In their compassionate wisdom, the federal agency’s officials decided not to add to the worries of economically terrorized citizens by informing them that the amount of the weed-killer floating around in their drinking water exceeds federal limits–even though they are required by law to do so.

Says Steve Bradbury, deputy office director of the EPA’s Office of Pesticide Programs:

“We have concluded that atrazine does not cause adverse effects to humans or the environment,”

Bradbury is full of shit, like many arrogant EPA officials, all of whom should be fired and possibly prosecuted for their failure to do their duty as prescribed by law, not just in this case , but in  a host of other  as well. They do not have the right to arrive at any conclusion that allows them to break the law.

As the article indicates, there is not scientific basis for the EPA’s rash conclusion nor a defensible reason for failing to alert the affected communities.

New York City water: Where does it come from and where does it go?

crotonThe wife of the editorial staff of Waterblogged.info turned us on to this cool interactive animation that gives the inside scoop on the ginormous NYC water delivery system. It was posted by the American Museum of Natural History.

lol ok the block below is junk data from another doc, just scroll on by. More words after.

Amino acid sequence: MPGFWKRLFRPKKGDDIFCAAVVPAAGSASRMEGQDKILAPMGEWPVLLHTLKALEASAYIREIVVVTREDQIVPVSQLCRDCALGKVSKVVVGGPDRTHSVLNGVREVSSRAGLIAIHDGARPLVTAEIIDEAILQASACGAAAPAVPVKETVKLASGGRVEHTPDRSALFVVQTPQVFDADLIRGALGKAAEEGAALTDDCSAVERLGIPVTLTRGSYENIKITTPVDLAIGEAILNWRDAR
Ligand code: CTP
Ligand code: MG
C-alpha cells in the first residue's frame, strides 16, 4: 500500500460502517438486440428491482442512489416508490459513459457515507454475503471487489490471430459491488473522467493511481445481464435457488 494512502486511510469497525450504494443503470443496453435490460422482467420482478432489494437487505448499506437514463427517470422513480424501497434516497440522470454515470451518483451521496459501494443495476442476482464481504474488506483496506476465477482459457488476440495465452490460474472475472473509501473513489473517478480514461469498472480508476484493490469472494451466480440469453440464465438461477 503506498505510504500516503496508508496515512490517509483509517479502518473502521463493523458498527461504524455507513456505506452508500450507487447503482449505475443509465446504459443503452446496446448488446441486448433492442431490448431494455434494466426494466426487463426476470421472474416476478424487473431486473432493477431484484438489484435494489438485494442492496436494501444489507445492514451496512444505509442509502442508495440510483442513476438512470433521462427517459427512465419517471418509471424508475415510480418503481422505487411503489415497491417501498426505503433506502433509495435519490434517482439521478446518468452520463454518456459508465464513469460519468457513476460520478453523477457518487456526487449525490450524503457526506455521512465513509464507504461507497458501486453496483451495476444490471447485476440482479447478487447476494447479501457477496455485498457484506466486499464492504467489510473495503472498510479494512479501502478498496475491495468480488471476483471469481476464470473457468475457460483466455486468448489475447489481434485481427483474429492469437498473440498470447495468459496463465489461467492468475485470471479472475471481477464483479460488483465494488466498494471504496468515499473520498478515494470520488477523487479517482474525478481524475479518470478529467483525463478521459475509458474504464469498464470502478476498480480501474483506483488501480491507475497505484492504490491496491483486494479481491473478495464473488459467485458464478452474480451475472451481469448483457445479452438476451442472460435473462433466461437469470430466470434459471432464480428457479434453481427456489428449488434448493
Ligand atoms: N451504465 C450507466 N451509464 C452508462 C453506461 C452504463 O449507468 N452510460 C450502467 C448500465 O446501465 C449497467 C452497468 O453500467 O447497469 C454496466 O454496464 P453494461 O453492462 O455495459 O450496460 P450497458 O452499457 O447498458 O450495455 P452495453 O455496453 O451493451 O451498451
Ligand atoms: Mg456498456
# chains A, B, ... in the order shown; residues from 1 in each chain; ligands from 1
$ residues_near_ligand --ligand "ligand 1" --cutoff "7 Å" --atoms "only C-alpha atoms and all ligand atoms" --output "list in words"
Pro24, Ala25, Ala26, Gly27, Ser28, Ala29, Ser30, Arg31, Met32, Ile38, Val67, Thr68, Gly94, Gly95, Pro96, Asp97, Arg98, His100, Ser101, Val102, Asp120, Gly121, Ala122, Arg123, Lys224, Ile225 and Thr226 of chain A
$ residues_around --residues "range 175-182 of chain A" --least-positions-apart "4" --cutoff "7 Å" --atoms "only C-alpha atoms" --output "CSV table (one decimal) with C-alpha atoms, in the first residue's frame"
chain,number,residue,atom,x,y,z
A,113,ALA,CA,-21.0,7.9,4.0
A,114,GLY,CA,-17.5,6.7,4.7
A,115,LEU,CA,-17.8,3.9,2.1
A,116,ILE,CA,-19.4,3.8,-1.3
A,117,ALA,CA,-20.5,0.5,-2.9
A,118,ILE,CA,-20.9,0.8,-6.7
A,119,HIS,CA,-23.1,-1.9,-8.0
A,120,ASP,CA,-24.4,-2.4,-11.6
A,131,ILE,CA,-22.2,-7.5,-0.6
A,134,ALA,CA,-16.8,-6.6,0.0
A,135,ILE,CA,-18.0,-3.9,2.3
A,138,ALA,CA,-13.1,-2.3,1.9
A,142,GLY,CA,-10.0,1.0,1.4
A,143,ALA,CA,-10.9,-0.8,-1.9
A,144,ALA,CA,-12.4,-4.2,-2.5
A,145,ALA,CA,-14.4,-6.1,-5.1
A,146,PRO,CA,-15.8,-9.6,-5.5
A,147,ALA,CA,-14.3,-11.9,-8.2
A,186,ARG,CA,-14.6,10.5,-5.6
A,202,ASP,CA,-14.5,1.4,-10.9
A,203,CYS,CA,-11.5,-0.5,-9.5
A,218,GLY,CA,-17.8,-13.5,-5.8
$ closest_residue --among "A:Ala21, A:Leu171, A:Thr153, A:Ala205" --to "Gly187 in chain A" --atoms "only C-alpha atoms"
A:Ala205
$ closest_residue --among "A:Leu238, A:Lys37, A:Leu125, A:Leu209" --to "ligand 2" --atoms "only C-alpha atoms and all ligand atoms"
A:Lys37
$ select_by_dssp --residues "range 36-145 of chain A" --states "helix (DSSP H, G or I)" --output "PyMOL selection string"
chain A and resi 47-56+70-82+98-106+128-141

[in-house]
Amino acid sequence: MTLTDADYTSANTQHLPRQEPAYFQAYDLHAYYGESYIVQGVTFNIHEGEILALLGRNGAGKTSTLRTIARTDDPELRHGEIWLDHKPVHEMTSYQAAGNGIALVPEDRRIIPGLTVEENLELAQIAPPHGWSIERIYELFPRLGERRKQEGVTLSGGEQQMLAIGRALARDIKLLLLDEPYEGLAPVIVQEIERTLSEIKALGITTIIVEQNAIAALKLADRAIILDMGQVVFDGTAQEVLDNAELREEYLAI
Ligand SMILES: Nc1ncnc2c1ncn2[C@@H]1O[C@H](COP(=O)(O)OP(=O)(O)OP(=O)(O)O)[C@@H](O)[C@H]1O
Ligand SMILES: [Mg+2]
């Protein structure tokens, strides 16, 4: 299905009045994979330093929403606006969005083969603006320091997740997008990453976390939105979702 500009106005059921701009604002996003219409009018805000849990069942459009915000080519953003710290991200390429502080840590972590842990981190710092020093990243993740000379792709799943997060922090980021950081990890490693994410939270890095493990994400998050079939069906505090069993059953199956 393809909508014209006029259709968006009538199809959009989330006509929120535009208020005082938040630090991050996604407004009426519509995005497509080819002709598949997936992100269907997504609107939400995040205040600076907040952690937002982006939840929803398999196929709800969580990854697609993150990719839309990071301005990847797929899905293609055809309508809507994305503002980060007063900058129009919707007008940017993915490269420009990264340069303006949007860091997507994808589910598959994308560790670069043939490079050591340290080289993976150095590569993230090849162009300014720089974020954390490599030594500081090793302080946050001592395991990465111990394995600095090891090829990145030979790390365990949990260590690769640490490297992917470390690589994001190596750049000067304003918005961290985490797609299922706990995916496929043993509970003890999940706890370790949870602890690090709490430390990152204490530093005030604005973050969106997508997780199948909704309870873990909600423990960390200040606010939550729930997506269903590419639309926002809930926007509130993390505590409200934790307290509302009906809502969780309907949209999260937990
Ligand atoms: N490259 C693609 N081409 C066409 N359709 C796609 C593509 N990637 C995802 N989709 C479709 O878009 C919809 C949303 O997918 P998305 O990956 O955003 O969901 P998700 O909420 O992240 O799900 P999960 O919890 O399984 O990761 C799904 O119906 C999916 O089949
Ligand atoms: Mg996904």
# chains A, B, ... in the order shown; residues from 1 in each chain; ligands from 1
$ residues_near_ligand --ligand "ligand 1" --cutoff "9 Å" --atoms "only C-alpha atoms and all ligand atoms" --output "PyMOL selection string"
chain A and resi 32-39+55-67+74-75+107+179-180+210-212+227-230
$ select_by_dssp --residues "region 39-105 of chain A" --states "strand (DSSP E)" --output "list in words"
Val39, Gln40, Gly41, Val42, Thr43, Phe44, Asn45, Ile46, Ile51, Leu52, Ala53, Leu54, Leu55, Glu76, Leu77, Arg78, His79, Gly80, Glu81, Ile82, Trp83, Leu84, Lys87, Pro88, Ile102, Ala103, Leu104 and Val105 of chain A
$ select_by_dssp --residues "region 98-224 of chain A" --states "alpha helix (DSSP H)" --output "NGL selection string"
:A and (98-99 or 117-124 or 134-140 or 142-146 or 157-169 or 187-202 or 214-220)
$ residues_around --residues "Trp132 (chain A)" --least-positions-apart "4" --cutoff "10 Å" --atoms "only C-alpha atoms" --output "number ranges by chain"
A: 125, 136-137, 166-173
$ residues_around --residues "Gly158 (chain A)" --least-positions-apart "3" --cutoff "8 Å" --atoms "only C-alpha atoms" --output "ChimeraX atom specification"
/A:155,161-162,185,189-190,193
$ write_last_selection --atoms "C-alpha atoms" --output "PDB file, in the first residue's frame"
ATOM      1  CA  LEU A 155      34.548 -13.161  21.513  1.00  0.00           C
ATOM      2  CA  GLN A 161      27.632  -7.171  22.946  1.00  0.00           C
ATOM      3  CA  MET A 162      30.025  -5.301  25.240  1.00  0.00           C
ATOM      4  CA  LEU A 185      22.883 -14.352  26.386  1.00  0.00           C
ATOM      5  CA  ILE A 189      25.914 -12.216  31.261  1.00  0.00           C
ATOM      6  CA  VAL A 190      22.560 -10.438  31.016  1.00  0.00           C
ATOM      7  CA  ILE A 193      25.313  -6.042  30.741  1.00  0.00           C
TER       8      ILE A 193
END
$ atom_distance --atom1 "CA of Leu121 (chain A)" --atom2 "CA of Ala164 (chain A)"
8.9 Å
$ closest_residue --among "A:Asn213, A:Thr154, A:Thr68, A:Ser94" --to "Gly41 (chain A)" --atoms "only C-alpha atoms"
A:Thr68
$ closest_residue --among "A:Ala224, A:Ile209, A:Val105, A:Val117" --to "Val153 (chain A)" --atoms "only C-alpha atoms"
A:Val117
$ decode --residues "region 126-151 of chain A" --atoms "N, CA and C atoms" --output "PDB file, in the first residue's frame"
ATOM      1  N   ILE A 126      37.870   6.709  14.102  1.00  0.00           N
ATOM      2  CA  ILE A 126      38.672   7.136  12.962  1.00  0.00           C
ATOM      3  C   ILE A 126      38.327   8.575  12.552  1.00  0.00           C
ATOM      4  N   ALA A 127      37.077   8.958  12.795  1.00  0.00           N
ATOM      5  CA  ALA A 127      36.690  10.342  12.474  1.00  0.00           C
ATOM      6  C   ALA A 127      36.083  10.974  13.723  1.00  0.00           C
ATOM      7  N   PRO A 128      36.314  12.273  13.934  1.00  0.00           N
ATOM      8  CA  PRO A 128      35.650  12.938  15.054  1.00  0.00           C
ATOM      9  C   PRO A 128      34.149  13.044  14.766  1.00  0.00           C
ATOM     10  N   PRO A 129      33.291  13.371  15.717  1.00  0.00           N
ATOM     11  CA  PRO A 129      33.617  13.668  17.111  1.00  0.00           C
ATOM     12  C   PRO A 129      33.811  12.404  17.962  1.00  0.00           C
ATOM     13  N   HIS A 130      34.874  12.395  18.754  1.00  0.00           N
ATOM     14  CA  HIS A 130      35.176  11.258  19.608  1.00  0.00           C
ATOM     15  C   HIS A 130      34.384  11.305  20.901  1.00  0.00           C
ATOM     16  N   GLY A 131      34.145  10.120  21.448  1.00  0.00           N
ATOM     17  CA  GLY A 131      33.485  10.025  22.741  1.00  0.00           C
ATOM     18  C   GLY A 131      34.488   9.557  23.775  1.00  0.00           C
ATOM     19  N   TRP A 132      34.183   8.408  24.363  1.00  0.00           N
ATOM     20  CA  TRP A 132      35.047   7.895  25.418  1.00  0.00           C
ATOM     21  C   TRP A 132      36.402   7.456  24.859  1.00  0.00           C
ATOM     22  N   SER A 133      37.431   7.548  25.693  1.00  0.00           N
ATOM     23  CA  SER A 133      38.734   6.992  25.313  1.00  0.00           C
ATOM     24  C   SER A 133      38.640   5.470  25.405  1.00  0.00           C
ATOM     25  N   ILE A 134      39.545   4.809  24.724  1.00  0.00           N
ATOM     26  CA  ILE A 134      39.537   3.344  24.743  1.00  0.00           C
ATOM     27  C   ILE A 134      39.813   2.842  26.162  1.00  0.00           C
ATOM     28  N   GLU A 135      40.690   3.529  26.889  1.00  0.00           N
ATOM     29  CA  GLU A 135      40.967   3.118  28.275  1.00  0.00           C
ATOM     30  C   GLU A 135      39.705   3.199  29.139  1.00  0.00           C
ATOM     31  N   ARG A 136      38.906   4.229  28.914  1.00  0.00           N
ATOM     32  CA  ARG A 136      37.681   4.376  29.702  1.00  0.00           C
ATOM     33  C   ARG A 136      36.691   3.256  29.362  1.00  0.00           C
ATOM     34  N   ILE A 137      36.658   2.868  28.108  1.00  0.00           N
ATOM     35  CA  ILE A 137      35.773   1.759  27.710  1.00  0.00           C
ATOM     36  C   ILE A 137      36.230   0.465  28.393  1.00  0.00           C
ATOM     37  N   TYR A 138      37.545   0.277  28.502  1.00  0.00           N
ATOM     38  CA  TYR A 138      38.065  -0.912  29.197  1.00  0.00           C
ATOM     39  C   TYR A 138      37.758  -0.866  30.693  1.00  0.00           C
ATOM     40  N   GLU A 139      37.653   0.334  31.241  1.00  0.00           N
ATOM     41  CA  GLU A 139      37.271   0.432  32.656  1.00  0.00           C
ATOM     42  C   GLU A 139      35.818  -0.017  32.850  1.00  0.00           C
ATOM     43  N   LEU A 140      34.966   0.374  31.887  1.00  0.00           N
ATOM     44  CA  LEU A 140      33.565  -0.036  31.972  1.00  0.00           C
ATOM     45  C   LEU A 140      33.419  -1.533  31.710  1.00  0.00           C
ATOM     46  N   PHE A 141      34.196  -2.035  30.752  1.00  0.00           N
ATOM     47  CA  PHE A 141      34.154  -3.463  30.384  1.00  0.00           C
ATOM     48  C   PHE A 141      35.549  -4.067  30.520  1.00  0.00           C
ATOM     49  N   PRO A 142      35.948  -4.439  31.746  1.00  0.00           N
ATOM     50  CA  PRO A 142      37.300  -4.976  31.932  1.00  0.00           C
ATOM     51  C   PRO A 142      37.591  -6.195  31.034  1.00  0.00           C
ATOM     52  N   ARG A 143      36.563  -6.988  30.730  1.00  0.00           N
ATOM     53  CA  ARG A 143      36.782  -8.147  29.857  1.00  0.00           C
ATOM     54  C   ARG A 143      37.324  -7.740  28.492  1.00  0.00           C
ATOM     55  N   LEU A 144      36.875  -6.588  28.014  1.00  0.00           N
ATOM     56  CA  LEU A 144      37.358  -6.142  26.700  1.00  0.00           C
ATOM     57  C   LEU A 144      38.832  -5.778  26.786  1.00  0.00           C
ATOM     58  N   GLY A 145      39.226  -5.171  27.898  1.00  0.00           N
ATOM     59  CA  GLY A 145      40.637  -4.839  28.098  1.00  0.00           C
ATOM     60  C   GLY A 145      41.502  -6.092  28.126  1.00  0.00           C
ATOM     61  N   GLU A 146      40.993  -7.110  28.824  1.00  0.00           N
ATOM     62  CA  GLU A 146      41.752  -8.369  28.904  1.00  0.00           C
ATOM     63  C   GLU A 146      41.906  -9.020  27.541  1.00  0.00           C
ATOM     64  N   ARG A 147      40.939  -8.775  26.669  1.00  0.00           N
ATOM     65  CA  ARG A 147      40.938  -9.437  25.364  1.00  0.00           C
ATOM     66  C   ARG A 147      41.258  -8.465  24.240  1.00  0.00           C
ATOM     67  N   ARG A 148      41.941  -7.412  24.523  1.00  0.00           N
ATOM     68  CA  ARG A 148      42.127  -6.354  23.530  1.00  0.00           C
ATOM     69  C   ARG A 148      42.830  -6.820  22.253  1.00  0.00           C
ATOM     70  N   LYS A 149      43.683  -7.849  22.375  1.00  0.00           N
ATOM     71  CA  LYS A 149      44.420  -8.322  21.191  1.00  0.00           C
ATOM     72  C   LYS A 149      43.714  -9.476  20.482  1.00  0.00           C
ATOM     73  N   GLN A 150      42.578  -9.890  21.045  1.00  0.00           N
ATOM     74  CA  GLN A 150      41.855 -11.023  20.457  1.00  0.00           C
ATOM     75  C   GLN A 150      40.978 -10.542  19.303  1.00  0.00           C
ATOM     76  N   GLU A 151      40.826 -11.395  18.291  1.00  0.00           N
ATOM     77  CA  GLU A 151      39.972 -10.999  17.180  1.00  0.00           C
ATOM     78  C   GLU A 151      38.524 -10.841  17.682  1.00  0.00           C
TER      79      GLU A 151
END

Somewhat sketchy and basic, it nonetheless demonstrates the complex immensity–not to mention the immense complexity–of the largest water-delivery system on the planet.

Hello Golden Age Lake

Turkmenistan's President Gurbanguly Berdimuhamedow's name has eleven syllables.

Turkmenistan's President (digging) Gurbanguly Mälikgulyýewiç Berdimuhamedow's name is really long.

Yesterday we posted an elegiac farewell to the venerable Euphrates River, or at least the Iraqi portion. Today it is our happier task to welcome the nascent  man-made Golden Age Lake into the family of planetary bodies of water. (See the essential WaterWired on the same topic, but proper netiquette requires that you read this first, of course. More resources below.)

Central Asia's Turkmenistan is 80 percent desert. Its western border is defined by the saline southern portion of the Caspian Sea

Central Asia's Turkmenistan is 80 percent desert. Its western border is defined by the saline southern portion of the Caspian Sea